CerebraCell FAQ

What is the CerebraCell brain regeneration protocol?

CerebraCell is designed to recover lost brain function from stroke, injury or disease with non-invasive bioelectric stimulation.  Our first product is expected to be a “brain saving helmet”, followed possibly by other advanced and possibly invasive therapeutic intervention.  Future products may include directing a combination pacing (electrical conduction) lead and infusion catheter connected to a micro infusion pump to the affected brain areas and/or the implantation of a single or multiple micro bioelectric stimulation coils.  For these severe cases the micro infusion pump would be designed to be re-filled daily, weekly or monthly with our proprietary CC-15 fifteen component mixed brain regeneration composition comprised of stem cells, growth factors, exosomes, Micro RNAs, selected alkaloids such as harmine, nutrient hydrogel and brain matrix which is slowly and repeatedly infused into the affected brain regions.

What are the mechanisms of action of the CerebraCell therapy?

Summary – We strive to regenerate damaged brain tissue and to improve blood circulation.  Are product is intended to:

  • Stem cell homing from precise bioelectric signals- SDF1 + PDGF.  A person’s own stem cells are recruited from their bone marrow, fat tissue and circulatory blood.
  • Stem cell proliferation from precise bioelectric signals.
  • Stem cell differentiation control from precise bioelectric signals.
  • New blood vessel formation from precise bioelectric signals – VEGF, PDGF, eNOS, HGF, HIF1a, SDF1.
  • Improved elasticity of tissues from precise bioelectric signal – Tropoelastin.
  • DNA repair from precise bioelectric signal – IGF1.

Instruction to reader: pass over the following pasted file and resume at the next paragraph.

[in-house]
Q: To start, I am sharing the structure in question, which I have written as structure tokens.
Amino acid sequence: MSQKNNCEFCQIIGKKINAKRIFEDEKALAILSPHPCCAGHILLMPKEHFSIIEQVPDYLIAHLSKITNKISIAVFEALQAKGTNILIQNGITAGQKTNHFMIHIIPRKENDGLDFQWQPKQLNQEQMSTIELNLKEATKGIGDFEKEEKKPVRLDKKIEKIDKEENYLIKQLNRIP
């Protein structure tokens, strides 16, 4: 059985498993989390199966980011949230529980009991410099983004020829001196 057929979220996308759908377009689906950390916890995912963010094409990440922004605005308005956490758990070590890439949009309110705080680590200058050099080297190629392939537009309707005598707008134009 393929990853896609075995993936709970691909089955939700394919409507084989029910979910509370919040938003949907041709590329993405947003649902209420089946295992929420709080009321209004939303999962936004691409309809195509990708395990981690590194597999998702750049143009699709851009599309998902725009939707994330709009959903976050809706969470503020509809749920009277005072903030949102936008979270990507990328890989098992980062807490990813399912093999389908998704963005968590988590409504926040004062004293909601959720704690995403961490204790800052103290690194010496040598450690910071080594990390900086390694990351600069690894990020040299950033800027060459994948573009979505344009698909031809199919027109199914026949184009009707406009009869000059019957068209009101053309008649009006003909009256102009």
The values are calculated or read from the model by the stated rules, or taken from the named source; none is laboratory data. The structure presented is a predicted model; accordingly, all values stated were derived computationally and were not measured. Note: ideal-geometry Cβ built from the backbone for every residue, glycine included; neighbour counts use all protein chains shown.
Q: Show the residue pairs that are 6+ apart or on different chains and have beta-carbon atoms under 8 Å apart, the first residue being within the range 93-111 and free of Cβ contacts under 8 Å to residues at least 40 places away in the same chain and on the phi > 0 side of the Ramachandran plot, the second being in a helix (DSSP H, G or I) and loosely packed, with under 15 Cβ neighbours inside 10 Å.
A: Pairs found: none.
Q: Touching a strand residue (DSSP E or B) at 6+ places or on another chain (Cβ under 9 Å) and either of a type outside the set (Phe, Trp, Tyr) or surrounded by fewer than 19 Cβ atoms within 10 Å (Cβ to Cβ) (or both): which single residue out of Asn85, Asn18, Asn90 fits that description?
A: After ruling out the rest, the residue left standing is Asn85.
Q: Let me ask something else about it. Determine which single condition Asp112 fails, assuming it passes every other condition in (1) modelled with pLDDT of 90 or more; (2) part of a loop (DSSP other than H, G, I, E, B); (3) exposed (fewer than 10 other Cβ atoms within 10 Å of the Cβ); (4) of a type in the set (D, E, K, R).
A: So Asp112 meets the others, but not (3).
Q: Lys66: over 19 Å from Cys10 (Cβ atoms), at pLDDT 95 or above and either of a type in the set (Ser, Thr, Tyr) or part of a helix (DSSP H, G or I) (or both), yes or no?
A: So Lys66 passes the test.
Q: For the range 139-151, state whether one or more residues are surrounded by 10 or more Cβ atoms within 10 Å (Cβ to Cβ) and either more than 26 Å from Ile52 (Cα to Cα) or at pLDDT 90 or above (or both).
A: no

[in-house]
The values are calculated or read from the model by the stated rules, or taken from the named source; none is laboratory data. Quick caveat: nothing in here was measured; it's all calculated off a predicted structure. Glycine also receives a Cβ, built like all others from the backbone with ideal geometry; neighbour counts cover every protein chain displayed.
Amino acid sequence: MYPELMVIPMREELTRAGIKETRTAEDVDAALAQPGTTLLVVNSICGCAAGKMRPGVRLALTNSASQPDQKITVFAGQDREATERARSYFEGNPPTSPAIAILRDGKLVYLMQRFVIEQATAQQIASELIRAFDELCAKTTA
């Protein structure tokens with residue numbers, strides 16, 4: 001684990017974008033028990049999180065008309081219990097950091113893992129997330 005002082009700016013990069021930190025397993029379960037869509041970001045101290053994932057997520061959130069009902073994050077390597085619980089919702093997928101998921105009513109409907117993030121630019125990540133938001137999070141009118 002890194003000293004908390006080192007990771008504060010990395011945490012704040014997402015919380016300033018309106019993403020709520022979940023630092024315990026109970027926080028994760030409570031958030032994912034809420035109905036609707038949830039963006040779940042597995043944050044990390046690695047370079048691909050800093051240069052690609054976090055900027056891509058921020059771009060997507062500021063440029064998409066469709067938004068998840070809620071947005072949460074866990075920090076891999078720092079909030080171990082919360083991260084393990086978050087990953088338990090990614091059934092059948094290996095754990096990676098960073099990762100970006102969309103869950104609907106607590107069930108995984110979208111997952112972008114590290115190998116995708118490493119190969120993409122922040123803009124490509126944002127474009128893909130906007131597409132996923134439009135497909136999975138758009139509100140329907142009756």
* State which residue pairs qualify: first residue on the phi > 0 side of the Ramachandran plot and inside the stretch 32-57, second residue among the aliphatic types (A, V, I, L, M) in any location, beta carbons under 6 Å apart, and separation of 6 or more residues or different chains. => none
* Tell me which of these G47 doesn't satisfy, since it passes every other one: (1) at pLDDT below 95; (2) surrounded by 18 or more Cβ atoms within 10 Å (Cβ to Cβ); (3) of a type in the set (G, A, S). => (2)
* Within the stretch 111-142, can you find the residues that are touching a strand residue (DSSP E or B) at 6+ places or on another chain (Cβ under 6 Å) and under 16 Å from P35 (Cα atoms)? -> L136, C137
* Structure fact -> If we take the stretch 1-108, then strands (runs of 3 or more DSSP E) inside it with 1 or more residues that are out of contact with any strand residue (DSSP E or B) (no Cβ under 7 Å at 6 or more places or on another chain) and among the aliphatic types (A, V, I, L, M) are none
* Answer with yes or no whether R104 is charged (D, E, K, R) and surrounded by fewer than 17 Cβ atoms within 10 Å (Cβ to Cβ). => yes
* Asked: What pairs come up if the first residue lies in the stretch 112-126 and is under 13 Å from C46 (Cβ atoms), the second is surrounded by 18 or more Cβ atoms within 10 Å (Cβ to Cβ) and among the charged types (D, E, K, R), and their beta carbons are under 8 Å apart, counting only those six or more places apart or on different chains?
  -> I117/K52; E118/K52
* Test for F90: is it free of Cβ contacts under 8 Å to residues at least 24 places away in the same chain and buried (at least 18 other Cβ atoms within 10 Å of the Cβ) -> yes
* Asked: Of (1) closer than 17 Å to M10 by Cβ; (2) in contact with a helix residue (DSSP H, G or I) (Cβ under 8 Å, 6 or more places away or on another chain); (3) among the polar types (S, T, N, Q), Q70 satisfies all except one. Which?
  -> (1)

• Inflammation real time monitoring and real time treatment via InStim bioelectric inflammation management bioelectric signaling.
  • Brain regeneration from repeat infusions or injections of stem cell based cocktail composition with exosomes, Micro RNAs, selected alkaloids such as harmine, nutrient hydrogel and brain matrix.  The infusions/injections will include not only stem cells but also SDF1, PDGF, HGF, IGF-1, Tropoelastin, Harmine, GDF-10 and GDF-11.
How does CerebraCell plan to assess the brain to know where and when to deliver the therapy and if the therapy is working?

CerebraCell has partnered with leading visionaries in EEG and other brain imaging modalities to develop a portable system to objectively assess, treat, and monitor the patient’s brain activity in near real-time. Our current prototype employs the use of dry EEG sensors, a technology that has been shown to reveal structural and functional abnormalities in the brain, thus making it ideal to detect trauma in both the acute and chronic phase of injury. In addition to EEG, we are exploring potential integrated systems with two modalities that may extend the use of our current CerebraCell system into more severe forms of brain trauma and age-related disorders.

To precisely map areas in the brain that need treatment, we utilize next-generation analytics that measure the flow and magnitude of neural current throughout the brain. This allows precise, near real-time monitoring and the ability to deliver and track treatment with mobile technology. With the use of advanced machine learning classifiers, we are developing analytics that will better inform the provider of the patient’s current brain condition, the effectiveness of the treatment, and objective data delivered to the medical team in near real-time.

Currently, we are partnered with academic and industry leaders to conduct research across the entire spectrum of Traumatic Brain Injury, mild to severe. To prepare analytics for our mild cases (called mTBI or concussion), we will have access to sports-related concussion data and clinical data from patients that have been assessed for post-concussion syndrome. In addition, we are partnered with two leading universities to conduct research with severe, acute cases.

What scientific evidence is there that this will work?